Thursday, May 30, 2013

The Spirit of Green

'Every man marvelled mightly what it should mean
That a man and his horse should be the colour green.'
-  Sir Gawain and the Green Knight, anon.
   An Irish poem translated by Caitlin Matthews

     "Through northern and western Britain, this day is the focus of many May-time customs.  These customs, banned by Parliament under the Commonwealth of the seventeenth century, were reinstated at the Restoration of monarch, when King Charles II mad his triumphal entry into London.  Know thereafter as Oak Apple Day, it is celebrated in Britain by the wearing of sprigs of green oak leaves.
     An earlier veneration was restimulated by an incident that befell Charles II when he was but a prince.  Fleeing from the parliamentarian soldiers, Charles was forced to hide in an oak tree.  But he face peering out from among the green leaves, originally in the primeval forest but now also in contemporary May-time celebrations is a much earlier one, that of the Green Man.
     This Evergreen God is one of the earliest deities.  He is represented in many summertime customs by mummers and disguisers who wear garlands of leaves and flowers or cover their bodies in greenry to ceremonially show the Green Man to the people.  He come out of the primal, all-encompassing forest that once covered the earth, dynamic and vigorous, with pulsing sap of summer in his veins.
     The Green Man is the irrepressible wildness of the world of vegetation.  He bides in the stillness of the deep forest or dances in the sun-fllled arcs of leaf-green light that filter through the branches of the tree canopy.  His name is delight, and his meaning is mysterious - a potent sexual forces that invigorates the earth at this time.  As the Evergreen God, he is likewise potent in the wintertime when he plays a riddling game at the thresholds of the year with such daring ones as Sir Gawain.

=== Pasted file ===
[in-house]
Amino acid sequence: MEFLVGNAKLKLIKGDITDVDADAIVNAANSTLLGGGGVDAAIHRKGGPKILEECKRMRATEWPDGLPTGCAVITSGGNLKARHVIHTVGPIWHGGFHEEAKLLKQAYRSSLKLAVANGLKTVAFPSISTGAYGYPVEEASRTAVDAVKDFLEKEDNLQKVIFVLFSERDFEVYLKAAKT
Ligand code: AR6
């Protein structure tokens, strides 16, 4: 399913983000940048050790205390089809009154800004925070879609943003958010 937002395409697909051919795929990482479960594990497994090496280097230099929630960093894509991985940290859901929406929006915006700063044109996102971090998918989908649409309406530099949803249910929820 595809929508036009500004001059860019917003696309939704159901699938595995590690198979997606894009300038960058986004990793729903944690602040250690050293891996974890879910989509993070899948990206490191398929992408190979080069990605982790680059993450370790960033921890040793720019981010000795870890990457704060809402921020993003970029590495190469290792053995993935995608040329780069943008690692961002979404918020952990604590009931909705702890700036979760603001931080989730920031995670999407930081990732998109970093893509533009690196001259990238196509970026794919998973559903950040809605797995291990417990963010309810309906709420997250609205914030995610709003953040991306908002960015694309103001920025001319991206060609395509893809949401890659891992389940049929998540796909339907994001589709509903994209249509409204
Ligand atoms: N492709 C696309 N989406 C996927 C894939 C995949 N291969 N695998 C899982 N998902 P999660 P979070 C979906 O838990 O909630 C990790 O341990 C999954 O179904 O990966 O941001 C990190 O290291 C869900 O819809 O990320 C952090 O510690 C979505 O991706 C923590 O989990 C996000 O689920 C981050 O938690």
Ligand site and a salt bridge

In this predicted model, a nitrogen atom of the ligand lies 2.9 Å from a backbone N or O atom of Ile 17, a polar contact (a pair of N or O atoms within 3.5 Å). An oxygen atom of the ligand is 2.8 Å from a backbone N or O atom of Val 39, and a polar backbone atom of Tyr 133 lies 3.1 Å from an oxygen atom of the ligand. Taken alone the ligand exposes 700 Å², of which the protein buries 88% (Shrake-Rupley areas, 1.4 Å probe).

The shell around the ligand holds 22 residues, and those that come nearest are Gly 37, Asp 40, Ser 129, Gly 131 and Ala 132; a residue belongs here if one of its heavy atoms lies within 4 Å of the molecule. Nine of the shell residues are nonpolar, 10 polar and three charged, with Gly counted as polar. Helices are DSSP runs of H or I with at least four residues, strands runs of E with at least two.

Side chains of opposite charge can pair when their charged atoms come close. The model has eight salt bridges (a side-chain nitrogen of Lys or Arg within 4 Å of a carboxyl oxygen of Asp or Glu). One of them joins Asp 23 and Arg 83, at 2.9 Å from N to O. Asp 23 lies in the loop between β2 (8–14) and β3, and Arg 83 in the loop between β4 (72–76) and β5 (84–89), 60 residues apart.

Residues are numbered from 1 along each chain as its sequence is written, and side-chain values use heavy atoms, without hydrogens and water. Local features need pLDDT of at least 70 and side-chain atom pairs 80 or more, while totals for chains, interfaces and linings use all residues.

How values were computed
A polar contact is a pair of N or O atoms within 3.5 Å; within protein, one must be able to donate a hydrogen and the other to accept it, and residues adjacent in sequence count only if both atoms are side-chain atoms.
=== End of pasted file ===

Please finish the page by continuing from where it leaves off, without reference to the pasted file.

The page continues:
Ask your spiritual allies to take you to meet the Green Man in meditation or soul-flight."
-  Caitlin Matthews, The Celtic Spirit: Daily Meditations for the Turning Year, Harper One, 1999, p.224.

Walkers Between the Worlds:  The Western Mysteries from Shaman to Magus.  By Caitlin and John Matthews.  Rochester, Vermont, Inner Traditions, 1985, 2003.  Bibliography, index, 441 pages. 

"I call upon loud-roaring and reveling Dionysos,
primeval, two-natured, thrice-born, Bacchic lord,
savage, ineffable, secretive, two-horned and two-shaped.
Ivy-covered, bull-faced, warlike, howling, pure,
you take raw flesh, you have triennial feasts, wrapt in foliage, decked
with grape clusters.
Resourceful Eubouleus, immortal god sired by Zeus
when he mated with Persephone in unspeakable union.
Hearken to my voice, O blessed one, and with your fair-girdled nurses
breathe on me in a spirit of perfect kindness."
-   Orphic Hymn (#30) to Dionysos


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